Arresting Sharif would also carry political risk for Musharraf, because it could incite Sharif’s supporters to take to the streets.
Sharif, who served two terms as prime minister in the 1990s, is in many ways an unlikely hero for the growing democratic movement in Pakistan. The pudgy, balding politician — he is rumored to have recently received hair transplants — is not especially charismatic, and his record in office included suppression of the press, accusations of rampant corruption and manipulation of the laws to consolidate power. At one point, his supporters attacked the Supreme Court building to show their displeasure with its rulings. Until recently, most Pakistanis seemed to have had enough of Sharif.
But with Musharraf faltering and former prime minister Benazir Bhutto publicly considering a deal that would allow her to return from exile and share power with the general, Sharif has cast himself as the only credible national leader who offers a clean break with the past eight years of military rule.
A recent poll conducted by the International Republican Institute, a U.S. government-funded nonprofit that promotes democracy, showed Sharif’s faction of the center-right Pakistan Muslim League gaining in popularity. That was especially true in Punjab province, the nation’s largest and a traditional Musharraf stronghold.
Musharraf’s term expires in October, and he has said he intends to win another five years in office from the current parliament, whose National Assembly was elected in a 2002 vote that was marred by irregularities. The assembly’s term also expires in the fall.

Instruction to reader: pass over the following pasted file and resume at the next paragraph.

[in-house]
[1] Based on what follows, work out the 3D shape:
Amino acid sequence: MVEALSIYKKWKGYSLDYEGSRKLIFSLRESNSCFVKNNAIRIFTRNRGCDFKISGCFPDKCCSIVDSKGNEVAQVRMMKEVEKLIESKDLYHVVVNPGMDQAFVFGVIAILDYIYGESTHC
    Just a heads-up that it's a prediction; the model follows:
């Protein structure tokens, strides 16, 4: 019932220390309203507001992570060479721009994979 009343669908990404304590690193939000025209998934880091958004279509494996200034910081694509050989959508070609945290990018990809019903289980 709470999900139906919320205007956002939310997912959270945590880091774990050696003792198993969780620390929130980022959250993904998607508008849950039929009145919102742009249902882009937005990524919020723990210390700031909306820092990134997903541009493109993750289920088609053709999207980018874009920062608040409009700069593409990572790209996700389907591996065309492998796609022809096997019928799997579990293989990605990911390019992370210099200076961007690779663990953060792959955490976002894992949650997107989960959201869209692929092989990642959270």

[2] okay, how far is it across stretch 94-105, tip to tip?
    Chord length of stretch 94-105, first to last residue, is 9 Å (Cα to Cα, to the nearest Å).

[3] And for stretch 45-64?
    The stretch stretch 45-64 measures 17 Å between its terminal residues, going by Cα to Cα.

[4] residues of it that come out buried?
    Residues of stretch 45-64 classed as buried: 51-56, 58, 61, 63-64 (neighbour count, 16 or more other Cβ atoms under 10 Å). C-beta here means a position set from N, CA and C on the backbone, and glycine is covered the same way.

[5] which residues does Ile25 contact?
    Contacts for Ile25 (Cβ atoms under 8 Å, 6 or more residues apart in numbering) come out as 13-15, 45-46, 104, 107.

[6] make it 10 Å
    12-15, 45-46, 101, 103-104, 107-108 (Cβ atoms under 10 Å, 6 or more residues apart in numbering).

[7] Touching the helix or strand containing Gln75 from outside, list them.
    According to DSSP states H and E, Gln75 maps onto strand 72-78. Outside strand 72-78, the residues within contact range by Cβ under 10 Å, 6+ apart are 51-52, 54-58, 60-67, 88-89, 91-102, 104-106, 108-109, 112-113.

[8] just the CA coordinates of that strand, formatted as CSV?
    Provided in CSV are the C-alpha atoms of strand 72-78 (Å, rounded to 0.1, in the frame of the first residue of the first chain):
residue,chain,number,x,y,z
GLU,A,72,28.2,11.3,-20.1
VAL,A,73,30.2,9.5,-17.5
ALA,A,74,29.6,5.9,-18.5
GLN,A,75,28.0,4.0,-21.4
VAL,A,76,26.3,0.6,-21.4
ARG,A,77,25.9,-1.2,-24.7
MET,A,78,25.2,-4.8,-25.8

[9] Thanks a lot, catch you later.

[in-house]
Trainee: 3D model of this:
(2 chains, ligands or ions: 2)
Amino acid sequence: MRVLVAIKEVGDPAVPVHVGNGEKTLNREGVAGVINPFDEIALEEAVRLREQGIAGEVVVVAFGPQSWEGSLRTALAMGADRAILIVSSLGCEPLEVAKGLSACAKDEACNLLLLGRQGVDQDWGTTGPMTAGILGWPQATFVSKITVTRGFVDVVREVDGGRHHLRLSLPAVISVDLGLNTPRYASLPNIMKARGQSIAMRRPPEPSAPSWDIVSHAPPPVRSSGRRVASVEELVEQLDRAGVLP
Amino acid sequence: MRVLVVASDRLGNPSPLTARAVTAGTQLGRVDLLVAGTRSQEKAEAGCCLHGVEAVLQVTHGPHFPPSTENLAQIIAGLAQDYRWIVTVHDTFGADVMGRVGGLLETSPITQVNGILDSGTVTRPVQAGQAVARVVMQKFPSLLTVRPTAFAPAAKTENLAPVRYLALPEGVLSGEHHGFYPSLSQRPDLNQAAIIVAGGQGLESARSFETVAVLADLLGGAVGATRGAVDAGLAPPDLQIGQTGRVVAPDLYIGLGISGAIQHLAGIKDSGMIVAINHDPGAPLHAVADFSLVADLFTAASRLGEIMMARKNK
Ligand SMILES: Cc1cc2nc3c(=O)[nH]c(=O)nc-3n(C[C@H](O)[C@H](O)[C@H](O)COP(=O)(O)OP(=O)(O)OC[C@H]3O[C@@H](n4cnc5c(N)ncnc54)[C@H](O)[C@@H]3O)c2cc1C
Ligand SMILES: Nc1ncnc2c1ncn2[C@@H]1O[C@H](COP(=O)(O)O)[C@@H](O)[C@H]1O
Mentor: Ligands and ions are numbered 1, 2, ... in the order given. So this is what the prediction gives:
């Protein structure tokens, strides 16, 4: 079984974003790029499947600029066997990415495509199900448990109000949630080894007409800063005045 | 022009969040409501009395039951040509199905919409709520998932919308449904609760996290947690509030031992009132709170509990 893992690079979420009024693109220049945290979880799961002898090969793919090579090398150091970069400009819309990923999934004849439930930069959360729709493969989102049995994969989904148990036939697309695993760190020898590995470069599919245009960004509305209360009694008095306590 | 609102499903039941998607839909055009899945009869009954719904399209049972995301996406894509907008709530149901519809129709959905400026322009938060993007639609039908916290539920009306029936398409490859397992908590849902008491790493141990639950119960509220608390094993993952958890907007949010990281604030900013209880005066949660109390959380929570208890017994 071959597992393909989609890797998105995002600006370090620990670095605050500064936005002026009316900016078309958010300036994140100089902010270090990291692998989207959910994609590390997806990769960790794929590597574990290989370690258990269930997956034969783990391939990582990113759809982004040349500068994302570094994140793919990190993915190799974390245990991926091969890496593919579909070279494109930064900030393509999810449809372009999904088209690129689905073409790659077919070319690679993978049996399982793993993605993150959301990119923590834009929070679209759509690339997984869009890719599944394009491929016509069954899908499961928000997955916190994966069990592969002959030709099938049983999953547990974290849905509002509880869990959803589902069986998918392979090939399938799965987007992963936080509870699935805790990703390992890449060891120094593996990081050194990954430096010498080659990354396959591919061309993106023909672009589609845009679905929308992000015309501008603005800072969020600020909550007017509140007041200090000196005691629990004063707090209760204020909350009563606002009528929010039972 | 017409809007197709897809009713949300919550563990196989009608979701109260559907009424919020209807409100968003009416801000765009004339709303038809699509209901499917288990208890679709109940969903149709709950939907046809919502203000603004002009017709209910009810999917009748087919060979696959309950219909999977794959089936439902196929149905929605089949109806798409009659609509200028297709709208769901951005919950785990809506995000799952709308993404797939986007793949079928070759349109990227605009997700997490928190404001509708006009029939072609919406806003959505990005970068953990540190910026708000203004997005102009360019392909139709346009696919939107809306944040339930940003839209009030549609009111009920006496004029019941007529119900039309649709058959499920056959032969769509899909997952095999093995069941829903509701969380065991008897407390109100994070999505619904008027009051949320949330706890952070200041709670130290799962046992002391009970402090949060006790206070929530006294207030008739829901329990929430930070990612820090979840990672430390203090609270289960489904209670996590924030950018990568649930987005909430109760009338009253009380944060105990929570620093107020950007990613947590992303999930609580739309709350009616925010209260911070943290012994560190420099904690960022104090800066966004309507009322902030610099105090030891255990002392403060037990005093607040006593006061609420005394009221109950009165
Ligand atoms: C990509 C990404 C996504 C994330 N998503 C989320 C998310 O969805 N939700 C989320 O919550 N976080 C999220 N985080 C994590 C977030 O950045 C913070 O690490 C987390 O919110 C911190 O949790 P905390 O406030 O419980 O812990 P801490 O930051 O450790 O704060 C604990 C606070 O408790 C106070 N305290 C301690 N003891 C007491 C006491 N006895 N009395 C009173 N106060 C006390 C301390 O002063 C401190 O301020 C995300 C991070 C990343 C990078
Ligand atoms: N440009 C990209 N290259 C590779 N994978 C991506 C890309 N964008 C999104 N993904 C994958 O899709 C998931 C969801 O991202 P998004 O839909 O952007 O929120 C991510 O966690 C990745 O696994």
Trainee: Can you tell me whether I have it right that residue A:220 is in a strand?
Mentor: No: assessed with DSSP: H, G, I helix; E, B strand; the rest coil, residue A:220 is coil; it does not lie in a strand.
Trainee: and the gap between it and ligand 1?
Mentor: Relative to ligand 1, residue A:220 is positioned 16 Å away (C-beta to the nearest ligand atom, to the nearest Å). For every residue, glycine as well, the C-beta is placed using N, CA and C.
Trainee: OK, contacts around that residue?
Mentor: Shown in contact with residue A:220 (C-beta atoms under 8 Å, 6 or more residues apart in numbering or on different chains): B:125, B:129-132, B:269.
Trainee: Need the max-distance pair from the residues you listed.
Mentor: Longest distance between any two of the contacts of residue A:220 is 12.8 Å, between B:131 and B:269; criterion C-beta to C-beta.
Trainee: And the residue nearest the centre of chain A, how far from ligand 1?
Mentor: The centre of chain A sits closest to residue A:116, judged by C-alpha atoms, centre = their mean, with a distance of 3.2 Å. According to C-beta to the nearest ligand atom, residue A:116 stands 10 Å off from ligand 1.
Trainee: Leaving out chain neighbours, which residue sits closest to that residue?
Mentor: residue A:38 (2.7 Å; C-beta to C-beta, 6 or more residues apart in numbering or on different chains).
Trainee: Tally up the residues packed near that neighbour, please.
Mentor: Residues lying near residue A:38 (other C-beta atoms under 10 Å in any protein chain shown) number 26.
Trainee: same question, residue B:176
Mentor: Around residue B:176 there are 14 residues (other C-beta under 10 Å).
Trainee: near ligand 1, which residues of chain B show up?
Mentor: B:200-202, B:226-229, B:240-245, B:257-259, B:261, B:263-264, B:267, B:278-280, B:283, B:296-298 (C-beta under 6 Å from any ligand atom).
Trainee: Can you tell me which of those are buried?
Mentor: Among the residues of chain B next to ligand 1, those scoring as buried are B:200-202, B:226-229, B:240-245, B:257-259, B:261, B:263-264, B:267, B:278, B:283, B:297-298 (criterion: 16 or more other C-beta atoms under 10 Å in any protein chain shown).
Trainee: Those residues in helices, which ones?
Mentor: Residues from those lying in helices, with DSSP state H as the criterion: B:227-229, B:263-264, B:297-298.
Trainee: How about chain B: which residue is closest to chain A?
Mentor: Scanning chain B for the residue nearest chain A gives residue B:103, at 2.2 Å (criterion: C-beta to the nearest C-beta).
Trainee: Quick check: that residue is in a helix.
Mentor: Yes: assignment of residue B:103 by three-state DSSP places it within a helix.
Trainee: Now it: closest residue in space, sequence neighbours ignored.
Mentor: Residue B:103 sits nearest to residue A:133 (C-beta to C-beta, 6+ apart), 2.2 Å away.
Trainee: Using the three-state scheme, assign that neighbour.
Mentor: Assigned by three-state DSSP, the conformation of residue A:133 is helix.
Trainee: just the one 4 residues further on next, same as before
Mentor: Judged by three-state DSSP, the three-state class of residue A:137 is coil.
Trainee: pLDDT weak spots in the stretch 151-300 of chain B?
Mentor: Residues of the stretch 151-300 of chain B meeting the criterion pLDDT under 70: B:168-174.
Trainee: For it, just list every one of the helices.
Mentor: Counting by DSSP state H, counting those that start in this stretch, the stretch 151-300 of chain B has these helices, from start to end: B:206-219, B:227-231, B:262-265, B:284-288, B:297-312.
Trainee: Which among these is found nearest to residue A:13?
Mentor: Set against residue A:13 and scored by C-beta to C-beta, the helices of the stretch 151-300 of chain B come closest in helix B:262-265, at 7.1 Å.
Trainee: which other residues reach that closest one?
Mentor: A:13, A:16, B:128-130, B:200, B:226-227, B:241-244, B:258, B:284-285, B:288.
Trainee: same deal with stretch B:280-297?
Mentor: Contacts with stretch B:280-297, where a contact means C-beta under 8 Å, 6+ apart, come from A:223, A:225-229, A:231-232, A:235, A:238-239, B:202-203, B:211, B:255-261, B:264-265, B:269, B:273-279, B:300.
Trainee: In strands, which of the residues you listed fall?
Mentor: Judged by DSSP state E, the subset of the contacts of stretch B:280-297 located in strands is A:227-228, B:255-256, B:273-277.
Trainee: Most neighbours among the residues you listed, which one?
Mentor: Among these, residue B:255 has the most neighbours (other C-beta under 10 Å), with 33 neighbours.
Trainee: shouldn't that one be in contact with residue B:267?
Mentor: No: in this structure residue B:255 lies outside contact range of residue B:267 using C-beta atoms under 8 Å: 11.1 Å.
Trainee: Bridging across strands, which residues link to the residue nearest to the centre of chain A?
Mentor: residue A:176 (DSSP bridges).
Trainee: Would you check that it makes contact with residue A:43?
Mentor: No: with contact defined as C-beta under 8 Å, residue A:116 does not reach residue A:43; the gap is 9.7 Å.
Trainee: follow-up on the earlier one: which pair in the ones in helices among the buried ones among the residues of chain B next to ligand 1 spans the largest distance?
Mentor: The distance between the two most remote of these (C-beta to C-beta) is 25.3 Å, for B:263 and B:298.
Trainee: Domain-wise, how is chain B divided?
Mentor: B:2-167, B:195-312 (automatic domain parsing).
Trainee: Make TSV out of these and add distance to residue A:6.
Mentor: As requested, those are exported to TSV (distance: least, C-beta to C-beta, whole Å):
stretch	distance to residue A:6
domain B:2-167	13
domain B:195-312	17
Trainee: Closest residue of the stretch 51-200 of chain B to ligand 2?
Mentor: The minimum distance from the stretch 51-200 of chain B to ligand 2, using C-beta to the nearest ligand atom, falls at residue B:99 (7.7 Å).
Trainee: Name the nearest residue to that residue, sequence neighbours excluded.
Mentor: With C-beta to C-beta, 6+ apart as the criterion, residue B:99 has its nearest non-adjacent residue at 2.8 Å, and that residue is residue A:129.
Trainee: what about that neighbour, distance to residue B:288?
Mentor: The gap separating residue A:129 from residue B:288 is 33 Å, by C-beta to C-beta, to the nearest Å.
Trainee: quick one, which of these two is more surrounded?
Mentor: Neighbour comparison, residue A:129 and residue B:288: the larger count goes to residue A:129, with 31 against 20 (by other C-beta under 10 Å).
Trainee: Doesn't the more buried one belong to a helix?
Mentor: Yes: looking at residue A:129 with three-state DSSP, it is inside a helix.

Sharif has questioned the constitutionality of Musharraf’s plan, and the matter is likely to end up in the Supreme Court. Even if Musharraf prevails, his election is far from certain. Political analysts say momentum is increasingly against him, which could prompt Bhutto to rethink a power-sharing deal. Also, many of Musharraf’s supporters in Parliament are former Sharif backers.
“Musharraf really wants to hold on to power, but it’s looking increasingly difficult for him to do so,” said political analyst Hasan Askari Rizvi.
If his reelection falls into serious doubt, Musharraf could opt for emergency rule, which would allow him to postpone elections and curb civil liberties. He nearly took that step this month but was persuaded by the United States and a contingent of advisers to back down.
In a sign of just how precarious the political situation has become, a government lawyer asserted during Thursday’s hearing that the country was already under emergency rule, and had been since a 1998 move by Sharif’s government that the lawyer insisted had never been overturned. Chaudhry, looking anxious, asked Attorney General Malik Mohammed Qayyum whether that was true. Qayyum said he would need to look into it.
After a brief recess, Qayyum told the court that he had heard from “the highest level of the government” and that, for the moment, the country was not under any emergency.